Analysts say the operation to drive the militants from Swat and then hold the ground to allow the return of a civilian administration could take months. With the militants having established themselves across Swat's mountainous terrain over the past two years, even if the military succeeds in forcing them from Mingora and other towns, the Taliban could retreat to smaller adjacent valleys and strike back with bomb attacks on convoys, checkpoints and military camps. It is also likely that the militants could increase suicide strikes on targets outside Swat to act as a diversion.
Some commentators have speculated that in such circumstances, an inconclusive but bloody campaign with a large number of civilian casualties would undermine public support for the operation. The army says it is determined to succeed. "The army is now engaged in a full-scale operation to eliminate the militants, miscreants and anti-state elements from Swat," said the army's spokesman, Major General Athar Abbas. "They are on the run and trying to block the exodus of civilians from the area."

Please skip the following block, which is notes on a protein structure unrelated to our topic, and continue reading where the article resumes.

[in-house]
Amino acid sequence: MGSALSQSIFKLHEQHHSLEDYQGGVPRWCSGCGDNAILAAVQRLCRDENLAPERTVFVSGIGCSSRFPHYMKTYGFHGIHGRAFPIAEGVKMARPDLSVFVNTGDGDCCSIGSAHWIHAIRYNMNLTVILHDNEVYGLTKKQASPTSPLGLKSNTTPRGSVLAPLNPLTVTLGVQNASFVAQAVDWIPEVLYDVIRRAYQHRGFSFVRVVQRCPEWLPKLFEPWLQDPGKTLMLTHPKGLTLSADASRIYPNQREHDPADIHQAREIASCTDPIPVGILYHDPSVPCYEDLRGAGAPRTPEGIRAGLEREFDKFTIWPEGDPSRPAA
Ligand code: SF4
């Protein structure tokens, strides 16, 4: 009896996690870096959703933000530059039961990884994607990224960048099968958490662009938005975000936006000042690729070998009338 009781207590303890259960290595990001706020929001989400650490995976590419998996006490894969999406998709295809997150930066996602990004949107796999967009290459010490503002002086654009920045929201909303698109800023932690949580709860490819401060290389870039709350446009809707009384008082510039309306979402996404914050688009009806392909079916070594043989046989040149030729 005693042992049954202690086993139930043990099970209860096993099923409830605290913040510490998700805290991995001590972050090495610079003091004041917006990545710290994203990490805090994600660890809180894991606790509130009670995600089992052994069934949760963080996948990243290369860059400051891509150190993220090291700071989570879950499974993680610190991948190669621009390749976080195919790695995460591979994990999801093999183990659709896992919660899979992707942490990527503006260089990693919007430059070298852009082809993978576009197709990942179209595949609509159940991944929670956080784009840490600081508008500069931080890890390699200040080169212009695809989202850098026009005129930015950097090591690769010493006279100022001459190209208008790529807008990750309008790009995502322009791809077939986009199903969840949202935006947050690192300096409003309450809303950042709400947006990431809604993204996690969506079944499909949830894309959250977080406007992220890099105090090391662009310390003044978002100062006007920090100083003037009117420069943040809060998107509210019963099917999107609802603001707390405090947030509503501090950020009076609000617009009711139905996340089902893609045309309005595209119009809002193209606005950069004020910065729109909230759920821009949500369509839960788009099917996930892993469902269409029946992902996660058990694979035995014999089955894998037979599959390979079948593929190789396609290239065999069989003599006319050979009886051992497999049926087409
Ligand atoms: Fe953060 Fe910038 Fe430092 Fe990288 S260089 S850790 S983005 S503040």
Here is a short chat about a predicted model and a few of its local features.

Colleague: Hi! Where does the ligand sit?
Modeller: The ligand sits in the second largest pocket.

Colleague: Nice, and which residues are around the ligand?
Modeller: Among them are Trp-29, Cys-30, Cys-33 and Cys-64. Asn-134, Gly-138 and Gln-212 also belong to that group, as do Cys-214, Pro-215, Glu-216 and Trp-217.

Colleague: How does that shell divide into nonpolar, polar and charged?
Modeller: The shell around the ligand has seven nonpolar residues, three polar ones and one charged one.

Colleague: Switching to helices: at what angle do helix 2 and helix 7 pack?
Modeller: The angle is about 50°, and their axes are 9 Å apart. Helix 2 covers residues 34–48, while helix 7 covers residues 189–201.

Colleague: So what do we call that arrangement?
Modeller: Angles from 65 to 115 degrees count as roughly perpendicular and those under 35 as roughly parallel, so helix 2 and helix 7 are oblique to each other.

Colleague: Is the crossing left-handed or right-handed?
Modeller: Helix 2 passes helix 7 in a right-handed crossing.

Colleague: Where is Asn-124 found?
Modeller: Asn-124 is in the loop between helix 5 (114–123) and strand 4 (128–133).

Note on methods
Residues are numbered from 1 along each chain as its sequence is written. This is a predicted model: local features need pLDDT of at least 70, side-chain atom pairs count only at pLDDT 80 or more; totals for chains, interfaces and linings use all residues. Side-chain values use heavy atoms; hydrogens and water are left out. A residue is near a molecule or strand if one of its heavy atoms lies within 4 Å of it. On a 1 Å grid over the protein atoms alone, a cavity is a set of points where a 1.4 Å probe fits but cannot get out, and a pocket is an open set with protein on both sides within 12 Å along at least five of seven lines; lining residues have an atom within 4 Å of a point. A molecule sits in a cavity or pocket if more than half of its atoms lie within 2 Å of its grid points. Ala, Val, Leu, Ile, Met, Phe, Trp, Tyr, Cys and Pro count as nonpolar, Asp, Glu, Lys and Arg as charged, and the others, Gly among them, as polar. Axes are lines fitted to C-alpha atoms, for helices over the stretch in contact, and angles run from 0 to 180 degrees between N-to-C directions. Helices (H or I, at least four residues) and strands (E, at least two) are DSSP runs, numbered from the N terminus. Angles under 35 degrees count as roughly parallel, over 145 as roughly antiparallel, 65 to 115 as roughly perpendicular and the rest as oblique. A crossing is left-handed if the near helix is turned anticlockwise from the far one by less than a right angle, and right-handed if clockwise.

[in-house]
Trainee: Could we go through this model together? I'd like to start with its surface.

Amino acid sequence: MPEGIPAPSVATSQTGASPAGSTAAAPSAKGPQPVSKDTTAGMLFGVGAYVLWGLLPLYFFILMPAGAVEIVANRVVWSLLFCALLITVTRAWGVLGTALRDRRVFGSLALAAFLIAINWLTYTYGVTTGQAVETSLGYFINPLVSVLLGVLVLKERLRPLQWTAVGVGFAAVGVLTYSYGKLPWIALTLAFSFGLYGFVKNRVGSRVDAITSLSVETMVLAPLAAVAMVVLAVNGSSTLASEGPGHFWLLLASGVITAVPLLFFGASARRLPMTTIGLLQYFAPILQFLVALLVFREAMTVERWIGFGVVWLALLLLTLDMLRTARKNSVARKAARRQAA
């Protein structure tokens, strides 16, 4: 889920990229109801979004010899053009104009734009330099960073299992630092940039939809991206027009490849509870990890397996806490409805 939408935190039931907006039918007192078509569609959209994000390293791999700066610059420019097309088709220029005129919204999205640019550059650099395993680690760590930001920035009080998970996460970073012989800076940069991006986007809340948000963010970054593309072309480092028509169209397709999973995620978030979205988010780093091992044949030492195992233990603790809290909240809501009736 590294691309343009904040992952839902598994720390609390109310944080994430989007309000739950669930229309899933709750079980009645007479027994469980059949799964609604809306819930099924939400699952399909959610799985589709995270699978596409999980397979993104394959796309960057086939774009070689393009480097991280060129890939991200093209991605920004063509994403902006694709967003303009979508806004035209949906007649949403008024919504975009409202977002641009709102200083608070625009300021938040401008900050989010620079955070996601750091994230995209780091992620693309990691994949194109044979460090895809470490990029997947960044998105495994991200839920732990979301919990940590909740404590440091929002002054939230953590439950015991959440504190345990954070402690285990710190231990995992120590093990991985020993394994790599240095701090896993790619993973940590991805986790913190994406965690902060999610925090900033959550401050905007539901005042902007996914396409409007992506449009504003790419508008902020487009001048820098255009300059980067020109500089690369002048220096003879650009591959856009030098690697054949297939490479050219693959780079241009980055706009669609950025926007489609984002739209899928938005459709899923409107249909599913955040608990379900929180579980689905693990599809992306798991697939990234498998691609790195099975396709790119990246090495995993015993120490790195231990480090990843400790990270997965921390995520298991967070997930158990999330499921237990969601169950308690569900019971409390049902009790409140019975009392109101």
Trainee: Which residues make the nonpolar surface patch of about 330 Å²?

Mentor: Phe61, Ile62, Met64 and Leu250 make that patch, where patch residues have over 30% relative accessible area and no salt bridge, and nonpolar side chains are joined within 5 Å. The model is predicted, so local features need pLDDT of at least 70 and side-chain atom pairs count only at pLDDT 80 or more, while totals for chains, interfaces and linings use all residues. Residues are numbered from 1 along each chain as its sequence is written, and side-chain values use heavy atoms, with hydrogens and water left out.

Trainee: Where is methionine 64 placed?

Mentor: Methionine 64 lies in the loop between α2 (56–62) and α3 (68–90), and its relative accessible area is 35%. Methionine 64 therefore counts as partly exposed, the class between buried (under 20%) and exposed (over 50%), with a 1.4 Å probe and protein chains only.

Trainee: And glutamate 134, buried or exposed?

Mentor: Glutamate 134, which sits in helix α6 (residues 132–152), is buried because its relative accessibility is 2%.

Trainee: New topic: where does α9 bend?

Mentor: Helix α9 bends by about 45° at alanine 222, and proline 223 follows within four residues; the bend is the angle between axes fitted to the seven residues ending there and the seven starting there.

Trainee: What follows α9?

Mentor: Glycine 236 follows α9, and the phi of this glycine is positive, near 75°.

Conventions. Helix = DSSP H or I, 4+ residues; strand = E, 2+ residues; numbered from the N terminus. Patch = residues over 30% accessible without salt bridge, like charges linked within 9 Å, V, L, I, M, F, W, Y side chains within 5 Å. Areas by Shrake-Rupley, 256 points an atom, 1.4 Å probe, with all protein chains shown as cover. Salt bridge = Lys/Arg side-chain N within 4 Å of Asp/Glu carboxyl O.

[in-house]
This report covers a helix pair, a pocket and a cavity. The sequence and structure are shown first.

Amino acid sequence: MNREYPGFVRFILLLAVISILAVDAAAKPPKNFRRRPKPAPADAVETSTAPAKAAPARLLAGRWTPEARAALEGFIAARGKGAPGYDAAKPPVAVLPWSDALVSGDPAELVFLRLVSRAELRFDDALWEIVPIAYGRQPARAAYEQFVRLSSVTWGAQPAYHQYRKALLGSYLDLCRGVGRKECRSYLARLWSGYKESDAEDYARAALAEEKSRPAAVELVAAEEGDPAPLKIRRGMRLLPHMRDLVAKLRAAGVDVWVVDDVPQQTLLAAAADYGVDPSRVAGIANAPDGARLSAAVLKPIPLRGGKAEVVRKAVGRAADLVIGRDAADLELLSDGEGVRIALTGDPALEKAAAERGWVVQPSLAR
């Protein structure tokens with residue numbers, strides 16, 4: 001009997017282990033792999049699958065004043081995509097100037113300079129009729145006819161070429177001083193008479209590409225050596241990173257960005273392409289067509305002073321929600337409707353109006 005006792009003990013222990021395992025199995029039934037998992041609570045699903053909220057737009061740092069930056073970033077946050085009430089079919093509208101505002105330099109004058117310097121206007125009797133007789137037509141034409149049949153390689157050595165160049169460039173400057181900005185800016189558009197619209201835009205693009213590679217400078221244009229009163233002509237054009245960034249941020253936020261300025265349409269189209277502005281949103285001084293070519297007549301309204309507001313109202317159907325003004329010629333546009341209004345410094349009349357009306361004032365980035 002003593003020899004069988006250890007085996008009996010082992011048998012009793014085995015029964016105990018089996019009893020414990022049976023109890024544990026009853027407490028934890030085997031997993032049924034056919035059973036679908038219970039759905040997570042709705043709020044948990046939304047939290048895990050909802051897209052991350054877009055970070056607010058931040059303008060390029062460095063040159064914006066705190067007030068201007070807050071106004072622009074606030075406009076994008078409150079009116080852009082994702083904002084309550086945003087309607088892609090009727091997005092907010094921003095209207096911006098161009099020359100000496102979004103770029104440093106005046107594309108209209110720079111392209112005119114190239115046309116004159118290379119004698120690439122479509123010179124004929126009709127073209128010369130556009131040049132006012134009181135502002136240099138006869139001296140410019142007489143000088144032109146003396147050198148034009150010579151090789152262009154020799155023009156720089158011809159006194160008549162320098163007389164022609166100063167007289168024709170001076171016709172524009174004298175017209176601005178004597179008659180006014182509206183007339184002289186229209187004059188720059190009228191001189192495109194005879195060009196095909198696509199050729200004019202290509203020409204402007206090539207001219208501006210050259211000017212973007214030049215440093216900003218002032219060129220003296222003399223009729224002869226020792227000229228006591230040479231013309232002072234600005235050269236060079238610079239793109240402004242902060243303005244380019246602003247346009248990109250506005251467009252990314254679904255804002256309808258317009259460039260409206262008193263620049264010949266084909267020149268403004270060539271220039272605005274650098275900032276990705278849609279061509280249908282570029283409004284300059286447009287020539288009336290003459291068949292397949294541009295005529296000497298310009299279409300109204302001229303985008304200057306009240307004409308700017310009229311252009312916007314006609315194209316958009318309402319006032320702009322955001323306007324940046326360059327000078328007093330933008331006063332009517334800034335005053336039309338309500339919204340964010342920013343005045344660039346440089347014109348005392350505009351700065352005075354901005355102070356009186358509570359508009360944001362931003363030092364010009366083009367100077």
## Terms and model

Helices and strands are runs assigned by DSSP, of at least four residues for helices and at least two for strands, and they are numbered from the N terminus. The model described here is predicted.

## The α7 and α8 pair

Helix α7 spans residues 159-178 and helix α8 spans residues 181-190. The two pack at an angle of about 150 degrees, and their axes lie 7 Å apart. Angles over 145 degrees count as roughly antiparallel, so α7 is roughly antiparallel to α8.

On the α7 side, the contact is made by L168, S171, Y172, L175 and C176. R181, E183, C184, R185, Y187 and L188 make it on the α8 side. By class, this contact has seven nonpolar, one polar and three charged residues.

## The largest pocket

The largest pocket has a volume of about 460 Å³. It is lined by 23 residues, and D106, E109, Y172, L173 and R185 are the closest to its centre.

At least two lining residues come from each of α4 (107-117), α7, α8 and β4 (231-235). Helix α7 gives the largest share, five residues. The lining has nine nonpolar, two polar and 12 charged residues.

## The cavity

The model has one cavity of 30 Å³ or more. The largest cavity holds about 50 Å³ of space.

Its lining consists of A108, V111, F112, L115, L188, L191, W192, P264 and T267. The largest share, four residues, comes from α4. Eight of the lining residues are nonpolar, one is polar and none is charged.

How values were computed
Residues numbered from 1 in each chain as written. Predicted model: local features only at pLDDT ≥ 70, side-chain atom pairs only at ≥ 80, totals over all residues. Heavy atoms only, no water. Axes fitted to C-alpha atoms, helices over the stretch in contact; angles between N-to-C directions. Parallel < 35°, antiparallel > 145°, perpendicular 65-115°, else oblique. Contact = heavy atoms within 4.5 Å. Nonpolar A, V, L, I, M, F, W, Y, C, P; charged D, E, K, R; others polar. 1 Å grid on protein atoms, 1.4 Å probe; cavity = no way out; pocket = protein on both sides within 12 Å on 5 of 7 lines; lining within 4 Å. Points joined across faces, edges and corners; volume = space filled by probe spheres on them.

As a result, hundreds of thousands more people like Sahin are likely to be rushing desperately out of Swat and towards the refugee camps at the southern end of the valley in the coming days. At the moment, only a tiny fraction of the displaced are being housed in the camps – the majority being able to stay with relatives or in rented rooms – but in the coming weeks that could change.
Sahin, her children and some other members of her family have nowhere else to go. Five months ago, when an earlier spike in violence drove them from Swat, they were able to stay with relatives in Peshawar. This time, that option was not available to them, she said. For now the family must sit amid the tents of the camp at Sheikh Shehzad, waiting and wondering.